When it comes to traditional water pumps versus constant pressure systems, which one is better for your home? Both have their pros and cons, which is why it can be tough to decide. In this blog post, we’ll take a look at what these two are, the benefits of both types of systems, and help you decide which one is right for you.
What Is A Constant Pressure Well Pump?
Constant pressure pumps are a type of force pump that is used to transport water from an underground water source. These types of pumps maintain the same flow and constant pressure throughout their pumping cycle, which differentiates them from the typical diaphragm or joker-valve well pumps.
This technology has been widely used for over 40 years in the US and Canada. Many homeowners find this type of pump extremely useful because it can be installed in less than an hour and it does not require regular maintenance. It’s cheap too–which means more money in your pocket. Most importantly though, constant pressure well pumps provide you with clean drinking water all year round without any interruptions or fluctuations even when there is less water in the well.
Constant Pressure Well Pump Advantages
- Maintains flow rate and pressure throughout its cycle, resulting in uninterrupted water supply
- More energy efficient than other types of pumps due to its effect on minimizing friction between components, thus reducing power consumption
- Reliable and durable even when installed in wells with low water levels; these pumps are capable of working under high discharge pressure up to 100 psi (pounds per square inch); most home owners prefer installing them at 40-60 psi
- Scavenges air that is present inside the discharge line, thus preventing any problems like pump whining or vapor lock
- Maintains constant temperature for tap water; this feature provides homeowners with soothing hot showers
- Lowers running costs by up to 70%
Constant Pressure Well Pump Disadvantages
- Can only be installed in wells that have at least 12 feet of water
- The pump shuts down as soon as the supply line is clogged, leaving you without an adequate supply of water
- Due to the unloading pressure relief system, some models cannot handle sand and grit easily; these pumps can permanently stop working if their filter housings get clogged. A filter should always be installed near the pump head and checked regularly for debris or dirt buildup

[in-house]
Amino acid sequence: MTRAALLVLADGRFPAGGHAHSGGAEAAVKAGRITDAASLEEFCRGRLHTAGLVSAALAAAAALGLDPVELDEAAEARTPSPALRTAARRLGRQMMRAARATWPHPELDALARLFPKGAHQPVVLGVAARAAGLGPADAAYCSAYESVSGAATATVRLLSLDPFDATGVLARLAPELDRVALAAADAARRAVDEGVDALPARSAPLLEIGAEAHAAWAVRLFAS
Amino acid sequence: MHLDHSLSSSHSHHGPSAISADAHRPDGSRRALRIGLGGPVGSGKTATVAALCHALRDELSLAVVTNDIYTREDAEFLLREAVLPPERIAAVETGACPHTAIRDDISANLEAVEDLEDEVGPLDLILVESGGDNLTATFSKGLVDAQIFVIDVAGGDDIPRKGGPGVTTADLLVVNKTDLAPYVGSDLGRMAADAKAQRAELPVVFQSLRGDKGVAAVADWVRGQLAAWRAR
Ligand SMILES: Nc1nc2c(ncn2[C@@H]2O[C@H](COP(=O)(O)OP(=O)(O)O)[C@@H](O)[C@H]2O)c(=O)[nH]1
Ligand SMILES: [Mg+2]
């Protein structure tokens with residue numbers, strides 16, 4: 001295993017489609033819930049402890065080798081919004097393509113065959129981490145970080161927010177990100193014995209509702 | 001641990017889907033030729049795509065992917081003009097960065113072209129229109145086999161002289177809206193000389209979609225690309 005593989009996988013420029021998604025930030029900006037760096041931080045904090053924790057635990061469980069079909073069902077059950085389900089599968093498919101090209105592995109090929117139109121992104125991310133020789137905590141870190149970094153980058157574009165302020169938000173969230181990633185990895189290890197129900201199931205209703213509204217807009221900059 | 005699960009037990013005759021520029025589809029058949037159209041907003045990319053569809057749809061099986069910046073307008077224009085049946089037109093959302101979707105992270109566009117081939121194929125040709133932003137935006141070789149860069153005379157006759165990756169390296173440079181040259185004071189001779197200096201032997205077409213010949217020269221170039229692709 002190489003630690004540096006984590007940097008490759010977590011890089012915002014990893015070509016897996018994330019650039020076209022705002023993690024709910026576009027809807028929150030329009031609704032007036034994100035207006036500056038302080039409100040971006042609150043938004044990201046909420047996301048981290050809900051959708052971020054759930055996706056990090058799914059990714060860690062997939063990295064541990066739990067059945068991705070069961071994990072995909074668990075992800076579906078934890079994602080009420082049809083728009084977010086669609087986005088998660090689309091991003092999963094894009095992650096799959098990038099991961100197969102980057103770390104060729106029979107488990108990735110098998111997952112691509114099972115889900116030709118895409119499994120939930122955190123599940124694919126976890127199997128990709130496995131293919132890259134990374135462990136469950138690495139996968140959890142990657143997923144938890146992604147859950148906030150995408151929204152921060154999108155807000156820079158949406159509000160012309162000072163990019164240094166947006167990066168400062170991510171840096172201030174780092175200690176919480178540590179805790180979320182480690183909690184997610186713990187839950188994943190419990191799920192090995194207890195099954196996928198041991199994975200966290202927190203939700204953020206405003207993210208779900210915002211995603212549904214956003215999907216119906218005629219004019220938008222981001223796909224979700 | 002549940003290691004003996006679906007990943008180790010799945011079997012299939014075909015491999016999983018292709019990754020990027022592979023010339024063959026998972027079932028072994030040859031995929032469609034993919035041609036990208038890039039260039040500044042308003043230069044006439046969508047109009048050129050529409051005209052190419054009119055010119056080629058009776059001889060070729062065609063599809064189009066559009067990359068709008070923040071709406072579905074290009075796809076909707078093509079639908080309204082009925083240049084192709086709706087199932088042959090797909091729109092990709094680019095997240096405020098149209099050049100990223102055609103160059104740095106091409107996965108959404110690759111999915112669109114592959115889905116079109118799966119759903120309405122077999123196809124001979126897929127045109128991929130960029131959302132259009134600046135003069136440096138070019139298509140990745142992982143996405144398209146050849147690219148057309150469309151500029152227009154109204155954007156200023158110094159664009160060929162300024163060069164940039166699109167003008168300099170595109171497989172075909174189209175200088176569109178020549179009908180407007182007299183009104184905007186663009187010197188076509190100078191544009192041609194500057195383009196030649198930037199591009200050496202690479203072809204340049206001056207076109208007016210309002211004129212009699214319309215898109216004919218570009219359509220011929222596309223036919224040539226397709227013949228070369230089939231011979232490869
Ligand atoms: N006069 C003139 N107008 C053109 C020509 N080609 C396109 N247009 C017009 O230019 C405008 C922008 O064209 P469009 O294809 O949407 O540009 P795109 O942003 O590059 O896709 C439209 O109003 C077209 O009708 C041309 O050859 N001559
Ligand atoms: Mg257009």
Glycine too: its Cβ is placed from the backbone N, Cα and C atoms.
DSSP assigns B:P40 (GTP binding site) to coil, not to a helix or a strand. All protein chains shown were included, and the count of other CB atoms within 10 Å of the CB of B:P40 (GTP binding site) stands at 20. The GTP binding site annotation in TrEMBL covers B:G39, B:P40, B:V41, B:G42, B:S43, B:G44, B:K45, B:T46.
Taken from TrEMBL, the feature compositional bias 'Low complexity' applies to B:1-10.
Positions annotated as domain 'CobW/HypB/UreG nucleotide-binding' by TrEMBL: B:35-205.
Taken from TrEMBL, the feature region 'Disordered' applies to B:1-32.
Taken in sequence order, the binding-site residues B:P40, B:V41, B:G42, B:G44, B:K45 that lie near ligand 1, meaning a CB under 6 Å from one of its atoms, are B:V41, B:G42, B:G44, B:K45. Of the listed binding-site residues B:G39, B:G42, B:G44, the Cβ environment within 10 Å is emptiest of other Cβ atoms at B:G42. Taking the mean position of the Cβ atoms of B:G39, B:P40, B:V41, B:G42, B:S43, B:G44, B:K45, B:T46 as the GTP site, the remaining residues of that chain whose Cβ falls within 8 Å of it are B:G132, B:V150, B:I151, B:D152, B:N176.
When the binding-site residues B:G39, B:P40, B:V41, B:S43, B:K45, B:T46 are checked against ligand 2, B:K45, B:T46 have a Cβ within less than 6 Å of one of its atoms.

What Is A Traditional Pressure Well Pump?
Traditional pressure well pumps are the older types of water pumps. This technology has not changed since it was first introduced in the market. The components used inside these pumps (i.e., valves, cylinders, rod and plunger) do not have any unique features; they simply work by pressurizing or making your water source push out through its point of exit–typically your tap hole.
Conventional Water Pump Advantages
- Can be installed at low cost (after deducting depth differences between “quick-fit” pipe sets mentioned above), with some models costing as low as $140
- Operates at lower pressure levels, making it more suitable for submersible applications or to meet minimal system requirements
- Requires less storage capacity
- to operate, which can lead to lower system installation costs
- Can be manually run in cases of emergency
Conventional Water Pump Disadvantages
- Operates at high pressure levels, making it more likely to damage your plumbing fixtures or other appliances that are connected to the water supply system
- Requires regular maintenance and replacement of components after heavy use–both costly procedures that can add up over time
- Short lifespan; most models fail after 3-5 years even if they were frequently checked for debris buildup inside their filters. Some pumps can last longer than others but these are typically very expensive. Long-lasting pumps typically cost $500-$700 dollars each
- Typically consumes more electricity than constant pressure well pumps due to their effect on increased friction between components
- Requires more storage capacity for it to work properly. It also requires bigger tanks, which are not ideal for indoor installation
So, Which Water Pump is Best?
Both pressure well pumps have their own advantages and disadvantages. If you want a pump that is capable of lasting for years, getting constant pressure well pumps is the most cost-efficient way to go about it.
If you are budget conscious and your water source can support its design requirements, then conventional water pumps will do just fine. Just be sure to regularly check your pump and replace it with a newer model once it fails.